One has to wonder what Jackie Chan was thinking when he signed onto The Spy Next Door. We can assume he at least got to read the screenplay before hand and that he realized it had pretty much zero plot, and was actually just a string of action sequences tied together by some very annoying characters. Yet, he still accepted the role.
Chan plays Bob Ho, a spy on loan to the CIA from Chinese Intelligence. His last assignment before retiring was to stop a group of Russians from destroying the world’s oil supply, but after the main villain is captured, he escapes almost immediately and tries again. Meanwhile, Bob is involved in a relationship with his next door neighbor, Gillian (Amber Valletta), who has three kids, Farren (Madeline Carroll), Ian (Will Shadley), and Nora (Alina Foley). His plan is to retire from his job so that he can marry Gillian, but that has to be put on hold when the Russians come after him.
When people think of Jackie Chan, they tend to think of his amazing martial arts work in films that at least have a half-baked plot, which at least gives the actions scenes some purpose. Here, they offer nothing more than a wake-up call for the audience, who have patiently sat there, waiting for the plot to start.
It’s hard to imagine that kids, at whom the film is aimed, would even find this entertaining. They may be able to identify with some of the shallow emotions the kids try to give off, but other than that, there just isn’t anything here that shows why this film should have been made in the first place. Speaking of the kids, this is some of the worst child-acting you will ever find on the big screen, or on any screen for that matter.
At the least, the fight scenes are well-choreographed, though not as thrilling as those you would find in a good Jackie Chan movie. As I said earlier, this is pretty much what makes up the movie, but the audience is never given a reason to care about who wins these fights, making them tiresome as they drag on and on.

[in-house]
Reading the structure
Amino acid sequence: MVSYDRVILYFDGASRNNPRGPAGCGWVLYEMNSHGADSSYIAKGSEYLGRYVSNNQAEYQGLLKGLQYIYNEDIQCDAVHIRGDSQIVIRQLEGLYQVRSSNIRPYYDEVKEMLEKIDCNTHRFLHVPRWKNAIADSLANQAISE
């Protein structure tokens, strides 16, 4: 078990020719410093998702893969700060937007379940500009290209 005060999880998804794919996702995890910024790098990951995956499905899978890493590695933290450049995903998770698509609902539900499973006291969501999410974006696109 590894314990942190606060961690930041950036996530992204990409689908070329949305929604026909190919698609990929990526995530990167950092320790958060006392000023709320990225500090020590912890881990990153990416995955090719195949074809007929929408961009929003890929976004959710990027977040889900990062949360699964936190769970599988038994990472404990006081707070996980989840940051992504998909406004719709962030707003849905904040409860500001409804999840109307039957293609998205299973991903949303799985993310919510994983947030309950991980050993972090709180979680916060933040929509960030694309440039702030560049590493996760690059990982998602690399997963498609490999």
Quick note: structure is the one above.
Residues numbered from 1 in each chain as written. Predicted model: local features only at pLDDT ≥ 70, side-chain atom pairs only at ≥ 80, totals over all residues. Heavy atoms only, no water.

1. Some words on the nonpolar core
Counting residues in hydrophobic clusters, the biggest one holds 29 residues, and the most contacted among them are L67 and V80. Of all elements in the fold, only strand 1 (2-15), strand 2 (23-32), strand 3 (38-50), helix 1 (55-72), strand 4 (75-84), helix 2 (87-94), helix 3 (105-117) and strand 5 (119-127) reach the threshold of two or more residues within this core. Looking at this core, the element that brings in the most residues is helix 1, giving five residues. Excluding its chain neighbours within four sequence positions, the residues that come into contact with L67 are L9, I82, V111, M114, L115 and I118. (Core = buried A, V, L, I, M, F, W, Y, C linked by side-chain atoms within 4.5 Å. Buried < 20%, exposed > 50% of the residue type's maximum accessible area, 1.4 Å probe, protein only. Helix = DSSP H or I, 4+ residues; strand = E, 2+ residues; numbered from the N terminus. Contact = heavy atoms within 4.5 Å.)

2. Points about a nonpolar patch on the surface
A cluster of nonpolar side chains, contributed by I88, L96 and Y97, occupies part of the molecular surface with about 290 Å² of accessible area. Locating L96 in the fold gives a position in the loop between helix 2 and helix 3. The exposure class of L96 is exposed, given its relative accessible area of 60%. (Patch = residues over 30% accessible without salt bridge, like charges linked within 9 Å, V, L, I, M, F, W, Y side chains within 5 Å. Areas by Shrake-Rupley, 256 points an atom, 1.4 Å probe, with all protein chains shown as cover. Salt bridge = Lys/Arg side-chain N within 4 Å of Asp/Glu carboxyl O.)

A main reason that we never come to care about the characters is that they are incredibly two-dimensional and are never filled out. This is due not only to the lousy acting, but because of the terrible script by Jonathan Bernstein, James Greer, and Gregory Poirier. It feels like they just took the most simple idea they could think of and ran with it, forgetting to fill in any details that would engage the audience.
In the rare instances where there aren’t fight scenes taking place, we are treated to some awful scenes of Bob trying to get Gillian’s kids to like him, which, of course, eventually turn into scenes where they come to care about him. All of it simply feels forced and contrived. There is no true emotion to be found among these characters. When it tries to present itself as a comedy, it is simply not funny. It says a lot when the funniest parts are in the gag reel at the end.
Just making it through these seemingly-stretched 90 minutes was an ordeal, similar to that chipmunk movie from a few weeks ago. Hopefully Jackie Chan will learn from this mistake and return to films that actually have some kind of plot. I never thought the Rush Hour films would look so good. 1.5/4 stars.
Now playing in theaters everywhere.
Also Now Playing: The Book of Eli, A Single Man, The Lovely Bones, Leap Year, Daybreakers, Youth in Revolt, Sherlock Holmes, The Imaginarium of Doctor Parnassus, Alvin and the Chipmunks: The Squeakquel, It’s Complicated, The Princess and the Frog, Up in the Air, Avatar, The Blind Side, The Twilight Saga: New Moon, 2012